Caring for a woman after female genital cutting
Caring for a woman after
female genital cutting (circumcision)
In some communities — mostly in Africa but also in some parts of Asia and the
Middle East — girls and young women are cut on their genitals. Like many cultural
practices, it is a way that girls’ bodies are changed so they are considered beautiful,
acceptable, or clean. It is also seen as a passage to womanhood.
Sometimes just a small cut is made. Sometimes the clitoris and the inner lips of
the vagina are removed. Sometimes the girl’s genitals are sewn partially closed. This
kind of cutting has many names including circumcision, female genital mutilation,
or the name we use, female genital cutting (FGC).
While this tradition may be meaningful for the
community, FGC has serious harmful effects on the
health and well-being of the girls who are cut. In the
long term, FGC can lead to urinary tract infections,
emotional damage, loss of sexual sensation or ability
to have sex as an adult, and long, unproductive labors
which can lead to death of the baby or the mother.
If a woman has had FGC and her genitals have been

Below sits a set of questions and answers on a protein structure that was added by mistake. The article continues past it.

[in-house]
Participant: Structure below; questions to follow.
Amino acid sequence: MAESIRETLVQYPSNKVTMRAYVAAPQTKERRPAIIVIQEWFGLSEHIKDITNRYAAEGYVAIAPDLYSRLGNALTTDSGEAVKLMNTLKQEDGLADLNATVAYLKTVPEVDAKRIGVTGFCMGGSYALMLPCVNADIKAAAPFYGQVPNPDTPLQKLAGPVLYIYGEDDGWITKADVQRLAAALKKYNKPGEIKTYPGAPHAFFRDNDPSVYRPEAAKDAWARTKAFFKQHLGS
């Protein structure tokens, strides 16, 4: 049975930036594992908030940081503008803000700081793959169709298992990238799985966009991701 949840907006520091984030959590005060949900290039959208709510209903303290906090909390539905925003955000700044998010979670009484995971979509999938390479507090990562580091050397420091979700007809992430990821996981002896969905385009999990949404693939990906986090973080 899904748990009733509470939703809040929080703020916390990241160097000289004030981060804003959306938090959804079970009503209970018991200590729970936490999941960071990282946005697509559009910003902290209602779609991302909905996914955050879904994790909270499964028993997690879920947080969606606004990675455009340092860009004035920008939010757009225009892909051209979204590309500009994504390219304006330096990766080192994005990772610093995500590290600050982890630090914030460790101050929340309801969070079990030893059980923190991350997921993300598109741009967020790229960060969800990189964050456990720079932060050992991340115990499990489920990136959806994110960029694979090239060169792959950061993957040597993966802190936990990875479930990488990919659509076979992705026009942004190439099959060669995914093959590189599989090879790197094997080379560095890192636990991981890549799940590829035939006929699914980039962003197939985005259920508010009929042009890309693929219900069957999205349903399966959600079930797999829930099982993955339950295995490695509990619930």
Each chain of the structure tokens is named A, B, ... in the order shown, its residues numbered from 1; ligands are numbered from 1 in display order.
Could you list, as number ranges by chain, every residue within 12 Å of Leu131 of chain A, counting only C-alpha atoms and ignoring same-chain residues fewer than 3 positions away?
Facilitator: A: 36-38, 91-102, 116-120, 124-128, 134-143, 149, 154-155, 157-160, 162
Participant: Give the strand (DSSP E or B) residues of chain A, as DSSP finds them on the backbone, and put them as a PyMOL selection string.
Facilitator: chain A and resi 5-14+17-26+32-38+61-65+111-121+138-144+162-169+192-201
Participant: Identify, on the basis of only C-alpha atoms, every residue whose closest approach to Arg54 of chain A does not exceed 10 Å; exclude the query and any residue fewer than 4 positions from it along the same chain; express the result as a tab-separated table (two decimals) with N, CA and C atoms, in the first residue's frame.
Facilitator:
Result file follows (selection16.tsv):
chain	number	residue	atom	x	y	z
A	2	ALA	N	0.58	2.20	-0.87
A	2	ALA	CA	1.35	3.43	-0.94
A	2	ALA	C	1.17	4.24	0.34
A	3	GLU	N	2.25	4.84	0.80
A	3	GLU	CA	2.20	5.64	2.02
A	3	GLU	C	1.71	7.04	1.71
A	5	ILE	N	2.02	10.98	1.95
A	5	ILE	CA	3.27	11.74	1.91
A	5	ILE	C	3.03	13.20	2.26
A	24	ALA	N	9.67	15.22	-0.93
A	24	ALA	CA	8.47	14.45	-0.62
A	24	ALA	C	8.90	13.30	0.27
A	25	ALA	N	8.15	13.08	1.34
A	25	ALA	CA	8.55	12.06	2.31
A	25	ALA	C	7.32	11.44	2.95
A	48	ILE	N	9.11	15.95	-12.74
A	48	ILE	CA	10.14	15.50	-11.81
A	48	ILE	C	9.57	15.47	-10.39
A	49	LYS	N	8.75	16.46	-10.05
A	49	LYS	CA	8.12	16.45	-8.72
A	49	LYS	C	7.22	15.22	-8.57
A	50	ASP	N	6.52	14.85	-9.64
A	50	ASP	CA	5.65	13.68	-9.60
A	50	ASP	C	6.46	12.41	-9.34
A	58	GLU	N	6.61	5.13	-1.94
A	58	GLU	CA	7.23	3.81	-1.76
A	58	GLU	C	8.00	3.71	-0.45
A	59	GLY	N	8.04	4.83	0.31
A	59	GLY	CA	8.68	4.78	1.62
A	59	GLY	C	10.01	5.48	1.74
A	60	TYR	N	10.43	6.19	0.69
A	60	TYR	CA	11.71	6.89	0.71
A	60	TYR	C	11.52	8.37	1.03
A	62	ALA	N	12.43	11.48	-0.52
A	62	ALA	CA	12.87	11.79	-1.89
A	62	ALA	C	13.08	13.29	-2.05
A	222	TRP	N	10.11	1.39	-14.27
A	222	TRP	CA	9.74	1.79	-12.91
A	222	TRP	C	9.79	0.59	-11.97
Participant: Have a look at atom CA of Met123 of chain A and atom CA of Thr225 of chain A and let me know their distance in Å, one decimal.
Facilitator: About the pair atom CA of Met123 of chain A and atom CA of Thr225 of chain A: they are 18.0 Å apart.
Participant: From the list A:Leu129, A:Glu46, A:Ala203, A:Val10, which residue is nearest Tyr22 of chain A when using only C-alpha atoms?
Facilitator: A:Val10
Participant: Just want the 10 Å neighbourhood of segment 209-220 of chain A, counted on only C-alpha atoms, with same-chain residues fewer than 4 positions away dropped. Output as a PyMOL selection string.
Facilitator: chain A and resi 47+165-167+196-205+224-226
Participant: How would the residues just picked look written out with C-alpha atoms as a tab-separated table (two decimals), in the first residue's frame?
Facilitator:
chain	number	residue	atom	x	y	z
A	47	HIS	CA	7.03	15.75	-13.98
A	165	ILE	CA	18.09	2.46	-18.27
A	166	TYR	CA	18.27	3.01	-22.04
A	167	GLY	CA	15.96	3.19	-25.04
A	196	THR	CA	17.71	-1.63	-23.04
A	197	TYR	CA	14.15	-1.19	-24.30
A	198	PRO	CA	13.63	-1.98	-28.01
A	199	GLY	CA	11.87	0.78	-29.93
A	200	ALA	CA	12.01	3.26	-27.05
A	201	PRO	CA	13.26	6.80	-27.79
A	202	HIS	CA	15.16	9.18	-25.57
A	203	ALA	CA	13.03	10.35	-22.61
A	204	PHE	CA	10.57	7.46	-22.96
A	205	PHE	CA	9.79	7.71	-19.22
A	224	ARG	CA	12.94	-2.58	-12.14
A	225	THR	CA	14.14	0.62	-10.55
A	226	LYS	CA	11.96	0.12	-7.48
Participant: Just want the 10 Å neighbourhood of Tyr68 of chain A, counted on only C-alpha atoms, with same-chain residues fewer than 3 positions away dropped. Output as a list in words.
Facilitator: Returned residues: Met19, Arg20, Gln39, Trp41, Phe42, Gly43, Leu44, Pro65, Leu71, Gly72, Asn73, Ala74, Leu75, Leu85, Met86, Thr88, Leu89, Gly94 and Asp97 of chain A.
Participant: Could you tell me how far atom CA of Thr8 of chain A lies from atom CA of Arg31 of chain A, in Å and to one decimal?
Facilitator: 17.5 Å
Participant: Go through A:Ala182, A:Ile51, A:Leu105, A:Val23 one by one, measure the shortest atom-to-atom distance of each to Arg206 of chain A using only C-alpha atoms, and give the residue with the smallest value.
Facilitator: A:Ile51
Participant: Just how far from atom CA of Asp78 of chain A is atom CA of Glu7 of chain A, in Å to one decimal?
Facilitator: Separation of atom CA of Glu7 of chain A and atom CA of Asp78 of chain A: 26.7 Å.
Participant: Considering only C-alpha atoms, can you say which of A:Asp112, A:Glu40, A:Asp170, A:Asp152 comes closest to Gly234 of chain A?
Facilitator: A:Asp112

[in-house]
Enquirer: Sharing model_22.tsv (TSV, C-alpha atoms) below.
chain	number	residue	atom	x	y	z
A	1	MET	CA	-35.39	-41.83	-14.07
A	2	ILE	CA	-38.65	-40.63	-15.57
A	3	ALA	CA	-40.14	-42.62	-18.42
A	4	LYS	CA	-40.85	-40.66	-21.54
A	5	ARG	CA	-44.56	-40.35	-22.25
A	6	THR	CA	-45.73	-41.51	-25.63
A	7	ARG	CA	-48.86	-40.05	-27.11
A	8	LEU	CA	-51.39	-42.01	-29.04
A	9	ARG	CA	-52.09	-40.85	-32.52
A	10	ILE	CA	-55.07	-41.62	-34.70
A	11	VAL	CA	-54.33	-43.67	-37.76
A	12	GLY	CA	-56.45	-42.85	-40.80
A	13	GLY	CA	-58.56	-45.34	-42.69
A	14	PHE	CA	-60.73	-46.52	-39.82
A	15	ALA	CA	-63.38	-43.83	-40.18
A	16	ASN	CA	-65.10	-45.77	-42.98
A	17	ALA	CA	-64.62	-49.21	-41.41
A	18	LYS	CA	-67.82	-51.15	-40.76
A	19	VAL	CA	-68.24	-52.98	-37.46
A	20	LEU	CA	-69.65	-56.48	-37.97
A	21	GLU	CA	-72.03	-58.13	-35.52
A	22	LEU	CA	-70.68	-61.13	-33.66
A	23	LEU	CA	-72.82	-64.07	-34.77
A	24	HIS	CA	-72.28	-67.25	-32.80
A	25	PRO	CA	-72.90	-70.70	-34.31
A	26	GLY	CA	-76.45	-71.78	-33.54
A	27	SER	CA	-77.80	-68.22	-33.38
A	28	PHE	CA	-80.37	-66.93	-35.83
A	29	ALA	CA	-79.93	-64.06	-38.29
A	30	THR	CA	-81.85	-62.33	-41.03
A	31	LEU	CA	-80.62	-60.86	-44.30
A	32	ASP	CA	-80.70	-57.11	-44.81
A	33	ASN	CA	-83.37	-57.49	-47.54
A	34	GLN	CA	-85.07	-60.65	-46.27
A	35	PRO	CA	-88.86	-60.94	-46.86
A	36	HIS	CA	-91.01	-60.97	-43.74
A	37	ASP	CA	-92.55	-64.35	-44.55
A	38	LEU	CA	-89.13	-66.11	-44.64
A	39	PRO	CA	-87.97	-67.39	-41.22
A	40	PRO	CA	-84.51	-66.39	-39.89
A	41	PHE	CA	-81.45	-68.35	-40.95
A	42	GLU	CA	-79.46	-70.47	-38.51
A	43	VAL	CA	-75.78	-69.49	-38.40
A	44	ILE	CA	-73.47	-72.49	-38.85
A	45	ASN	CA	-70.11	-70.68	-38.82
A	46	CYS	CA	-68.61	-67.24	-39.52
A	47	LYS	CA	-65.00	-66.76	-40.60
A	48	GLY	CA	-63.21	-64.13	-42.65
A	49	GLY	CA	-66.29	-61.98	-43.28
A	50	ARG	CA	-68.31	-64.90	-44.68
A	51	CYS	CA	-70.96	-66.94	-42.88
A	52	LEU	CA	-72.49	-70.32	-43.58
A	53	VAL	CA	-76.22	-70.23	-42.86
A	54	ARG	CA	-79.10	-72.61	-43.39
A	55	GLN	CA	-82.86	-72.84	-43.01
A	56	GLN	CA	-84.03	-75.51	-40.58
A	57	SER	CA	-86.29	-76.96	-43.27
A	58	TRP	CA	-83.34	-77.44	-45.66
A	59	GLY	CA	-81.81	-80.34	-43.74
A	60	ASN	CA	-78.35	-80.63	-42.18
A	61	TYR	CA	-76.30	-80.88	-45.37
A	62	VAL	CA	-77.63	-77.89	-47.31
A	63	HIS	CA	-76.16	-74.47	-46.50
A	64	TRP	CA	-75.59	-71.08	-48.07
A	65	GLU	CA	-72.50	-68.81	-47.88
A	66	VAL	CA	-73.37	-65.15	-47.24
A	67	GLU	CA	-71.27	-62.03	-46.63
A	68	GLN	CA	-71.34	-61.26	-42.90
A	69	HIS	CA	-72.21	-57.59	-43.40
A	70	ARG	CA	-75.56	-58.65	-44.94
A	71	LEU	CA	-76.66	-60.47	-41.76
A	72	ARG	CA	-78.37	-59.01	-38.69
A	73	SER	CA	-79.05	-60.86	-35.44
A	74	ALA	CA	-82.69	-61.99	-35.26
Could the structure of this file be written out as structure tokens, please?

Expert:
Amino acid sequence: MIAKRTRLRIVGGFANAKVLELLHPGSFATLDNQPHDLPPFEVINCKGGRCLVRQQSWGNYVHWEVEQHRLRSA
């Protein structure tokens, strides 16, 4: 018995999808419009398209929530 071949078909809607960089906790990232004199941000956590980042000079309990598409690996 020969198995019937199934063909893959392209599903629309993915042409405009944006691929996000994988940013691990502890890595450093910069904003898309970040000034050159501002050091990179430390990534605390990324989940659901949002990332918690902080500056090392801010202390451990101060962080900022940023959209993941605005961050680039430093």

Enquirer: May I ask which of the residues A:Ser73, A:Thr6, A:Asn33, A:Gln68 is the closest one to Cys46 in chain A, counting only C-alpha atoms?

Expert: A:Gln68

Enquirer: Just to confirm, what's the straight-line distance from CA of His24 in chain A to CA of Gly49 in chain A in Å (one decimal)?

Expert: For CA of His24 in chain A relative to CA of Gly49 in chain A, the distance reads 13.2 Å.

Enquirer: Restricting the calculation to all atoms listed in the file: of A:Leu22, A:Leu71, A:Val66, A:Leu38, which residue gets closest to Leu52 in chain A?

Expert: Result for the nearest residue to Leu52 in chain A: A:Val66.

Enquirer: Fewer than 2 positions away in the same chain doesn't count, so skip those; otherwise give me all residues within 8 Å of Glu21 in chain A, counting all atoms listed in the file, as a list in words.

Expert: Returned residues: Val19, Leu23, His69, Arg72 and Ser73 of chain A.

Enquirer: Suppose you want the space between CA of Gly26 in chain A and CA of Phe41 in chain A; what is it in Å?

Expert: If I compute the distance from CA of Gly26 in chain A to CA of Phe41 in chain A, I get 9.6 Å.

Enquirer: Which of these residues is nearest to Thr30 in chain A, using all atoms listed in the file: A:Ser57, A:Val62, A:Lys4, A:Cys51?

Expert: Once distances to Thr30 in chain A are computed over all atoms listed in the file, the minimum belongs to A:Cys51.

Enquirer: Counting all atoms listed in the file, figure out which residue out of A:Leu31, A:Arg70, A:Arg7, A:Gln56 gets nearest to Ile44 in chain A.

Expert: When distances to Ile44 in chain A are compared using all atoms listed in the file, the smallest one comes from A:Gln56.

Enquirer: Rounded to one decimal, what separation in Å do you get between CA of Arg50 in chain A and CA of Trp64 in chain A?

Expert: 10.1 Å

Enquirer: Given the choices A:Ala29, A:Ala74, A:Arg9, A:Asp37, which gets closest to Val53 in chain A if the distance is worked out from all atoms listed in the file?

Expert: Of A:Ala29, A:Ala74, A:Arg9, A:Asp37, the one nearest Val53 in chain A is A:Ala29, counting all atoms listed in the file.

sewn partially closed, her genitals need to be cut open
before she gives birth.
To open a genital scar
1. Wash your hands well and put on sterile
2. Put 2 fingers into the vagina and under the
3. Inject a local anesthetic if you have it
(see page 360).
4. Use a sterile pair of scissors to cut the scar open.
Open the scar enough so you can see the urethra,
but no farther. These cuts can bleed heavily, so
be careful not to cut far.
To repair the cut
1. Wash your hands well and put on sterile plastic gloves.
2. Inject a local anesthetic on both sides of the scar
(see page 360).
3. Loosely sew together raw surfaces with 000 chromic
gut or Vicryl suture to stop any bleeding.
A Book for Midwives (2010)